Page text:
Health Disadvantage and Educational Level in European Welfare States: Longitudinal Results from the SHARE Study
Mauricio Avendano pabon, Harvard School of Public Health
Hendrik Juerges, University of Mannheim
Johan P. Mackenbach, Erasmus Medical Centre, Rotterdam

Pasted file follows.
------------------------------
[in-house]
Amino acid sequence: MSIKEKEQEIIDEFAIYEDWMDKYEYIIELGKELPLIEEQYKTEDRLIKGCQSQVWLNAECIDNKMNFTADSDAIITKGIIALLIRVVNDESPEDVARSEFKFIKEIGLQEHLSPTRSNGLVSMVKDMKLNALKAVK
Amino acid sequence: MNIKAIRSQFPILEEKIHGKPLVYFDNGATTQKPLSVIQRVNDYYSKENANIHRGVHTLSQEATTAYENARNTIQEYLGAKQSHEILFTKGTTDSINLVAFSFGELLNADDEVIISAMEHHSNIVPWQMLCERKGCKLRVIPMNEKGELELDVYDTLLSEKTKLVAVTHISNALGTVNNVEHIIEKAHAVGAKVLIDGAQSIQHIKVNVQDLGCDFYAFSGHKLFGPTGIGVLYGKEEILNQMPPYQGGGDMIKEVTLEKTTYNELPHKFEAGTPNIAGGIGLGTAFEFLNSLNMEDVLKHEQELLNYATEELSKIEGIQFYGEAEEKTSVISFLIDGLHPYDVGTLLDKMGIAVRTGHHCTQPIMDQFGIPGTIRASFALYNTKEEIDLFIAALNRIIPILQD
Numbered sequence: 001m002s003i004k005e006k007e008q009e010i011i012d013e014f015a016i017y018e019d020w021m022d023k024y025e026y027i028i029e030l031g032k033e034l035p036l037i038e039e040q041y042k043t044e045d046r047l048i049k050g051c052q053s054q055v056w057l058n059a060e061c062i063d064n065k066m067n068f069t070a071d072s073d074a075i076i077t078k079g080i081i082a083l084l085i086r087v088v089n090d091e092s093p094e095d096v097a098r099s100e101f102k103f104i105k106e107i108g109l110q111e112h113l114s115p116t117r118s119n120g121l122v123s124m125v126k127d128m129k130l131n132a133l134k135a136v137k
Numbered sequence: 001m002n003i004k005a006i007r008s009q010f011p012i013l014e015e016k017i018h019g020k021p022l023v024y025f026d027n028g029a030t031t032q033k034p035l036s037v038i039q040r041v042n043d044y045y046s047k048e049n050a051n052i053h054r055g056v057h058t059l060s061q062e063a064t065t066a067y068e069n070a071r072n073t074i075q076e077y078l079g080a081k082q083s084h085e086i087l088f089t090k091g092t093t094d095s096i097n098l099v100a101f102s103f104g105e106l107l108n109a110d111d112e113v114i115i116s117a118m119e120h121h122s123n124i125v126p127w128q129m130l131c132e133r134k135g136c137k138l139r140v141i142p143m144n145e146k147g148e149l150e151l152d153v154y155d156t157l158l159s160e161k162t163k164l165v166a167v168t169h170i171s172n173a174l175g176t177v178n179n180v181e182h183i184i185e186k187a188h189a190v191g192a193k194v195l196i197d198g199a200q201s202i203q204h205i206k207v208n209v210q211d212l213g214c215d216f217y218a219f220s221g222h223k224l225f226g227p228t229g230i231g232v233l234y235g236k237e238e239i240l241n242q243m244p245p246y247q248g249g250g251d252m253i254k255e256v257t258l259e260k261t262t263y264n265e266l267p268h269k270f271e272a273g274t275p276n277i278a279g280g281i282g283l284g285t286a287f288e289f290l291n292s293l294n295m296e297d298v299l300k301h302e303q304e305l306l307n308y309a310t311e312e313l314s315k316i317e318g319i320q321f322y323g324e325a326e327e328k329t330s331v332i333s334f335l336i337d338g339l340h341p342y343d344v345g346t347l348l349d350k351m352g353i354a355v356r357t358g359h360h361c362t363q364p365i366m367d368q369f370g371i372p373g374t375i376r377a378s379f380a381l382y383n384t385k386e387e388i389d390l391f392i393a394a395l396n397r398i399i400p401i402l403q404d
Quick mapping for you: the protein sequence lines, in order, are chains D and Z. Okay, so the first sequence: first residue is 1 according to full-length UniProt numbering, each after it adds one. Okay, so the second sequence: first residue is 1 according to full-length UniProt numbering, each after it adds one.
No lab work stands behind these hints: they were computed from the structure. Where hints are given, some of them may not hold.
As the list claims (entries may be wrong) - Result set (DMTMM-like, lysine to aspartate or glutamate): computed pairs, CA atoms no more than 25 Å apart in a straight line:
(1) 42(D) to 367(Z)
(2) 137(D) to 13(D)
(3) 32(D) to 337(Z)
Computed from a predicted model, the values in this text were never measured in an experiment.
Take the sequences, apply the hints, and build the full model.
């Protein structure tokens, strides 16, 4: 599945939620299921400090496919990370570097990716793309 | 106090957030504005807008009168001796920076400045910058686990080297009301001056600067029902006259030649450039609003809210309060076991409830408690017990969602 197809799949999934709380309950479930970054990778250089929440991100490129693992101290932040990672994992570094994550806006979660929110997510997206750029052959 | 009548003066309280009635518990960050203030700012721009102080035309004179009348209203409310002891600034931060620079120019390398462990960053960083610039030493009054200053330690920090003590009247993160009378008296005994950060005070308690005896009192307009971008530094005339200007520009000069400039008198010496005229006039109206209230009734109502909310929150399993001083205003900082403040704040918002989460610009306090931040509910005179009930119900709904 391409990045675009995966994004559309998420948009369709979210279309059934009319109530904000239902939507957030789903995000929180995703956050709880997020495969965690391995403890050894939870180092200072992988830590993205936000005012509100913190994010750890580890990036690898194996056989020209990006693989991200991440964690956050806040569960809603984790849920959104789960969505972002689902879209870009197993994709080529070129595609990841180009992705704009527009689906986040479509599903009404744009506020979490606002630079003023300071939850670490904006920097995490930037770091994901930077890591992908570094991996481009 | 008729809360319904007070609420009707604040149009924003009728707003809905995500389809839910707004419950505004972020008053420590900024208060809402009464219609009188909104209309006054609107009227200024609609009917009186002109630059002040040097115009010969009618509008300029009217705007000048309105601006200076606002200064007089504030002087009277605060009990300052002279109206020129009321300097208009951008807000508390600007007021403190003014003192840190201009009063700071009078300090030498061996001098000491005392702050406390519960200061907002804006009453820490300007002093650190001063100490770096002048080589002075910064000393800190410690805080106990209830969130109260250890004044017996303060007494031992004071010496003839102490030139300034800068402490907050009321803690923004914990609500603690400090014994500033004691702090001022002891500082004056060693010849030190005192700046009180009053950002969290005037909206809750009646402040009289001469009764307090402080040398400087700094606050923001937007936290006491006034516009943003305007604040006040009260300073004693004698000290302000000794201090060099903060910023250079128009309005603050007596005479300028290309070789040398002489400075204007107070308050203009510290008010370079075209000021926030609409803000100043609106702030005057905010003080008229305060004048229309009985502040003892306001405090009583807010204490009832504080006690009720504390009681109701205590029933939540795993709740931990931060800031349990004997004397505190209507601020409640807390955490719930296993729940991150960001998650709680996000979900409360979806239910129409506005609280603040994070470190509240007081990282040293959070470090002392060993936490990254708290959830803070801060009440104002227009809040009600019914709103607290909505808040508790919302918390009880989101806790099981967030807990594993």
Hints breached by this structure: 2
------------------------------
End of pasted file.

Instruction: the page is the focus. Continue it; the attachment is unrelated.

Socioeconomic status is associated with health in many European populations, but the magnitude and pathways of this association may vary across countries. In this paper, we use longitudinal data to explore the impact of educational level on changes in health among Europeans aged 50+ in 11 countries, controlling for potential confounders and mediators. Our analyses are performed separately for Northern, Western and Southern Europe, as these regions broadly represent different welfare state regimes. We find that lower education is associated with higher incidence of poor self-rated health, chronic diseases and disability, but it is less consistently associated with new events of longstanding illness. After controlling for educational differences in wealth, income, consumption, health behaviours, labour force status and baseline health, the impact of educational level on health transitions remains significant for most outcomes in Western and Southern Europe, but it is substantially attenuated and non-significant after adjustment in Northern Europe.